Jonathan Paul frankly admits it was never his intention to follow his father’s footsteps into the construction business. Slugging it out on weekends and summers as a teenager working at his dad’s firm in Saskatoon inoculated him from that particular pursuit. 

But life is full of twists and turns. And now that he finds himself co-owning a successful construction business with his brother Michael, Paul has a few words of advice for other young entrepreneurs in Saskatchewan.

“Don’t wait until you need a mentor,’’ says Paul, who’s in his early 30s. “Get into the program now and put yourself ahead of the pack.’’

The “program’’ is the Raj Manek Mentorship Program, a volunteer based charitable organization named after a senior official in the Saskatchewan Ministry of Economic Development who mentored many entrepreneurs -- often in his spare time -- before his unexpected death in 1996. The program is administered by his widow Kanchan Manek, in cooperation with the Saskatoon, Regina and Saskatchewan chambers of commerce.

Paul had studied architectural technology and expected to work in that area, while his brother pursued a career in lacrosse. Neither of them was interested in construction. But when Michael moved back to Saskatoon, the two brothers decided to start their own construction business rather than go back to work with their father. “We just started cracking away at small projects and worked our way up.’’ After a hiatus from the construction business they launched in 2009, the two men established 14North Construction in 2014.

Paul applied for the mentorship program in 2015 and told Manek that he and his brother wanted to be mentored by someone involved in property development, an area they hoped to break into in the future. After in-depth discussions with Manek, they were matched with Saskatoon developer Darrell Remai, who specializes in senior care facilities. The two brothers met with Remai for about two hours a month and found the experience to be invaluable, and occasionally challenging. “He would tell you straight up if you’re wrong,’’ says Paul. “There were days when Mike and I left those meetings and we were like ‘holy crap!’’ But once they came to know their mentor better, they found his advice “confidently reassuring.’’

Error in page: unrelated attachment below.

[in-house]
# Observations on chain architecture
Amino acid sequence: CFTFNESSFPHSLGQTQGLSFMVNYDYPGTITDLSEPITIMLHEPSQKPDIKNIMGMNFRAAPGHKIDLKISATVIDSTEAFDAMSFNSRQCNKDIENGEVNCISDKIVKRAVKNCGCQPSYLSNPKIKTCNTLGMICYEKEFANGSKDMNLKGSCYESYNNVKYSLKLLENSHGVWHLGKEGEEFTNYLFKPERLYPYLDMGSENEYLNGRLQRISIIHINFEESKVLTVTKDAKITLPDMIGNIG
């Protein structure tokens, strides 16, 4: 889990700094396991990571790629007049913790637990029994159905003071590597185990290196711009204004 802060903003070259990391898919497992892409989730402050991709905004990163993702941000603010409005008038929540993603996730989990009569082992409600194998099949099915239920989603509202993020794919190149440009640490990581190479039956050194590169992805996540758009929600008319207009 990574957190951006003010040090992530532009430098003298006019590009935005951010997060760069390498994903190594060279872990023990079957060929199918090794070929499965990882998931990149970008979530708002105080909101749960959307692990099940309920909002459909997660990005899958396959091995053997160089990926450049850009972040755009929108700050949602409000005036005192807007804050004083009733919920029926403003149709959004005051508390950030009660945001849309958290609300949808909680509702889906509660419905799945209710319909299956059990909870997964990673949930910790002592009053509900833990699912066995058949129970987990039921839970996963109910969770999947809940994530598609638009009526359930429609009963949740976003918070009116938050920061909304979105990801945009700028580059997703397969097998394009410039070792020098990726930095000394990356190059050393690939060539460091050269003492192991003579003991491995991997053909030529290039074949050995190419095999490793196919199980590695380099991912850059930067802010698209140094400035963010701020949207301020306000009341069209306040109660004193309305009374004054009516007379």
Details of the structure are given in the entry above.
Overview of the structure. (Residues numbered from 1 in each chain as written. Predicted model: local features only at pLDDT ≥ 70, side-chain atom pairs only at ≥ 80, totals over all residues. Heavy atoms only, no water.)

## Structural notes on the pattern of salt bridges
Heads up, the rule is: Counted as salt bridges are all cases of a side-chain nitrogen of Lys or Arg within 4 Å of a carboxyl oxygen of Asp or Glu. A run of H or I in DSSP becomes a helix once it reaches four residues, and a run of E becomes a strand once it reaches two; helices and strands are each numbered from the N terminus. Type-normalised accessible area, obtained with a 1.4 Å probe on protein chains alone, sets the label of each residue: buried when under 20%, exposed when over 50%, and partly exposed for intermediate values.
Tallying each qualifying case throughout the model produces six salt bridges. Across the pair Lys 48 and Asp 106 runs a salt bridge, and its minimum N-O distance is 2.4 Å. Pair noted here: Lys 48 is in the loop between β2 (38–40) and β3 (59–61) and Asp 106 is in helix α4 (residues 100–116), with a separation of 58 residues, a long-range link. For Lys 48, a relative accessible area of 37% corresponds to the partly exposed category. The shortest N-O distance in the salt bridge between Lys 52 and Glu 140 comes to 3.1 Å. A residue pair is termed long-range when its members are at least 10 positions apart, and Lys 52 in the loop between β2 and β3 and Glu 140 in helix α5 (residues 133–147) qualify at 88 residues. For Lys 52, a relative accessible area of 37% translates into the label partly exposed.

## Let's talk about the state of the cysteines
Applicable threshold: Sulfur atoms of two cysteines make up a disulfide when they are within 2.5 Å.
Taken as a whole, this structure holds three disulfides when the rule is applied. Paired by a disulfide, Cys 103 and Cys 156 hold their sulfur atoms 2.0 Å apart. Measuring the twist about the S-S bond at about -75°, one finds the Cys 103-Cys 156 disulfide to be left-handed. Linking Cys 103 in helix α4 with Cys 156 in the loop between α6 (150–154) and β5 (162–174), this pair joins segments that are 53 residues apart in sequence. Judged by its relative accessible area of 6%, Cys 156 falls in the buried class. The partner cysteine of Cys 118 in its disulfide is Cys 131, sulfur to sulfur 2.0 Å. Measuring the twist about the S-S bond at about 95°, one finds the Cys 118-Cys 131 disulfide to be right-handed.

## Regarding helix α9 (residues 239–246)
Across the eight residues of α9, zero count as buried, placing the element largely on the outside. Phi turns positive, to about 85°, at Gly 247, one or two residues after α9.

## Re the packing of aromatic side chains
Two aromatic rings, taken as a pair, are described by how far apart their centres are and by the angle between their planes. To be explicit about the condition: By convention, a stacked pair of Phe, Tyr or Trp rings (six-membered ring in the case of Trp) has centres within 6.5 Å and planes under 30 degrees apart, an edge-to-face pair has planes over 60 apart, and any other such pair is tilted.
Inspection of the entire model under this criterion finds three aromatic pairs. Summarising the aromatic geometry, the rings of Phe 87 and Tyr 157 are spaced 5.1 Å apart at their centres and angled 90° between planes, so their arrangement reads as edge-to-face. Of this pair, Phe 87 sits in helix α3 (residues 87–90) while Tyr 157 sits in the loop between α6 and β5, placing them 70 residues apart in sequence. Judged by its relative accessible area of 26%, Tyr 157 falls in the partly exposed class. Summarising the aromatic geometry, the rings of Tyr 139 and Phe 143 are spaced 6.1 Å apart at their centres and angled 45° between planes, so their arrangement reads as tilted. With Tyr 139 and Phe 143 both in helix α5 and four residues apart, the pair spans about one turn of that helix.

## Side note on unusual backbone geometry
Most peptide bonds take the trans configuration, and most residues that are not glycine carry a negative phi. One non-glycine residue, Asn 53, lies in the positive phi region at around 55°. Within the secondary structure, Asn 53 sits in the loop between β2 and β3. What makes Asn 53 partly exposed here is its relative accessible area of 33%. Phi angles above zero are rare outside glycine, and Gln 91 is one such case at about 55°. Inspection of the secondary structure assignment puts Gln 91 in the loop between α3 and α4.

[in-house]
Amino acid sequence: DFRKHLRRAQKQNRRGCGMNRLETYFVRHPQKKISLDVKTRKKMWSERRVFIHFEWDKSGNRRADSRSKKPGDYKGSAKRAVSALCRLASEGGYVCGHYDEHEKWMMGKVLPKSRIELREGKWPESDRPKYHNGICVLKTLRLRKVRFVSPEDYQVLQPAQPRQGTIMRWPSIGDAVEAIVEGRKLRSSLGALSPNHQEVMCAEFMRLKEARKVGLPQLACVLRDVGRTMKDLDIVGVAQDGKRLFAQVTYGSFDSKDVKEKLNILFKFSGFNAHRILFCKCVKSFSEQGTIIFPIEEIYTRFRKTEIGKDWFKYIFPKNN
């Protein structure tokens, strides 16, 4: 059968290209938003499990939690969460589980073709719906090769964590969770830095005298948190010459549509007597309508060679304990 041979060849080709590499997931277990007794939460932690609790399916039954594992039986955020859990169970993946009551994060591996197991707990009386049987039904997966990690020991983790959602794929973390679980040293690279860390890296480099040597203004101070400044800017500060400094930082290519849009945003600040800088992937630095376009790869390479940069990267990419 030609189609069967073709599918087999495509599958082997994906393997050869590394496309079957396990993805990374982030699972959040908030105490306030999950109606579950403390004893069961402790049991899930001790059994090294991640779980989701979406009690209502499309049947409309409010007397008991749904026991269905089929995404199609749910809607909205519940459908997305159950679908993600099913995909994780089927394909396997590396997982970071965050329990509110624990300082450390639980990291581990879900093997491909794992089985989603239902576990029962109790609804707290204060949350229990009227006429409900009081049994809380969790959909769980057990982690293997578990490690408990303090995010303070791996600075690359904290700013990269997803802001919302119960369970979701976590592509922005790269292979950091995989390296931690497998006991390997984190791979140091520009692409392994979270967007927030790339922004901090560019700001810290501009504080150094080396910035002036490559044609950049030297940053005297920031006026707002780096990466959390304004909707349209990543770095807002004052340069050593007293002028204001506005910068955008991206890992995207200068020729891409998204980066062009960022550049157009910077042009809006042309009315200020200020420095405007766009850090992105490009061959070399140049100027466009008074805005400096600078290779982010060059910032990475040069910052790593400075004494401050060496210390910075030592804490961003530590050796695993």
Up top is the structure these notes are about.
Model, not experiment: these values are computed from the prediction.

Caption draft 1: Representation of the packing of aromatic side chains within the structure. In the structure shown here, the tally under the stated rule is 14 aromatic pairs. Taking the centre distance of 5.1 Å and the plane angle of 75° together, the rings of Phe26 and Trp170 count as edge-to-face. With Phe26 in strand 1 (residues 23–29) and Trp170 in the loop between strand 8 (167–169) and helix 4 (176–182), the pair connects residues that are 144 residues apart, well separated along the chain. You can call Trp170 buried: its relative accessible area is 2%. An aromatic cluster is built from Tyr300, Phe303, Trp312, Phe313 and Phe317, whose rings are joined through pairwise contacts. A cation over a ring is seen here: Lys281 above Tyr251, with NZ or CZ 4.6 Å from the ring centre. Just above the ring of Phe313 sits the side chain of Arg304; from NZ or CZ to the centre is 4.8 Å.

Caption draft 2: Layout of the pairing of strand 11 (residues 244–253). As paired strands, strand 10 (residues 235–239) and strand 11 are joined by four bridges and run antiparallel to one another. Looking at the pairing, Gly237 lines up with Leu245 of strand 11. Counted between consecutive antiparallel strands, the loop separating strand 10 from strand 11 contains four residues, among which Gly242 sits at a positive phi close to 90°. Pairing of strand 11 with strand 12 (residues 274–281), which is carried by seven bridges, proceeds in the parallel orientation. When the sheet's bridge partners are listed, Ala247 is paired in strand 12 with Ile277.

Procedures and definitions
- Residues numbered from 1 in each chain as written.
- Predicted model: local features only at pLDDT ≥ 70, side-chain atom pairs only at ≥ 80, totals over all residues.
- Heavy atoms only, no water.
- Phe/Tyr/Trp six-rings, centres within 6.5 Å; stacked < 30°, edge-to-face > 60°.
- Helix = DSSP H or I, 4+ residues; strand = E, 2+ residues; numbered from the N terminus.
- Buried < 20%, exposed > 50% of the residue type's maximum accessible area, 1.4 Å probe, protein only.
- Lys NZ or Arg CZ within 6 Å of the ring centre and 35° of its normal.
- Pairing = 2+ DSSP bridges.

They’re now in the middle of a second, one-year mentorship arranged by Manek with the assistance of Kent Smith-Windsor of the Saskatoon Chamber of Commerce. This time their mentor is a Mark Loeppky, a young Saskatoon businessperson involved in marketing a group of businesses, something else the brothers see in their future. “Darrel and Mark are two completely different personalities to start with,’’ says Paul, adding the latter is closer to his age. “Where Darrell was a big-picture guy, Mark gives us really technical advice, much more detail oriented.’’ Paul says Loeppky has provided advice on moving into new markets and how to market themselves once they’ve arrived. 

For her part, Manek says credit for the mentorship program must be given to the chambers of commerce in Saskatchewan for agreeing to collaborate in the very successful program she administers. “It was the business communities who wanted to do something and we started the program in Raj’s memory.’’ Manek, who moved from Saskatoon to Edmonton in 2007, says she uses a hefty questionnaire to determine details of the protégé’s business plans and the type of mentoring assistance needed, to assist her in finding a suitable mentor.

The program was established in 1998 and operates through an annual fundraising banquet -- PotashCorp has been a strong supporter for the past several years. The program has produced more than 400 years of mentorship relationships and its protégés have a high business success rate. 

Paul says there’s no secret to that success. “If you’re installing a new door in your house and you’ve never installed one before, it’s nice to have an experienced guy standing right next to you to show you how it’s done.’’

Written by: David Yanko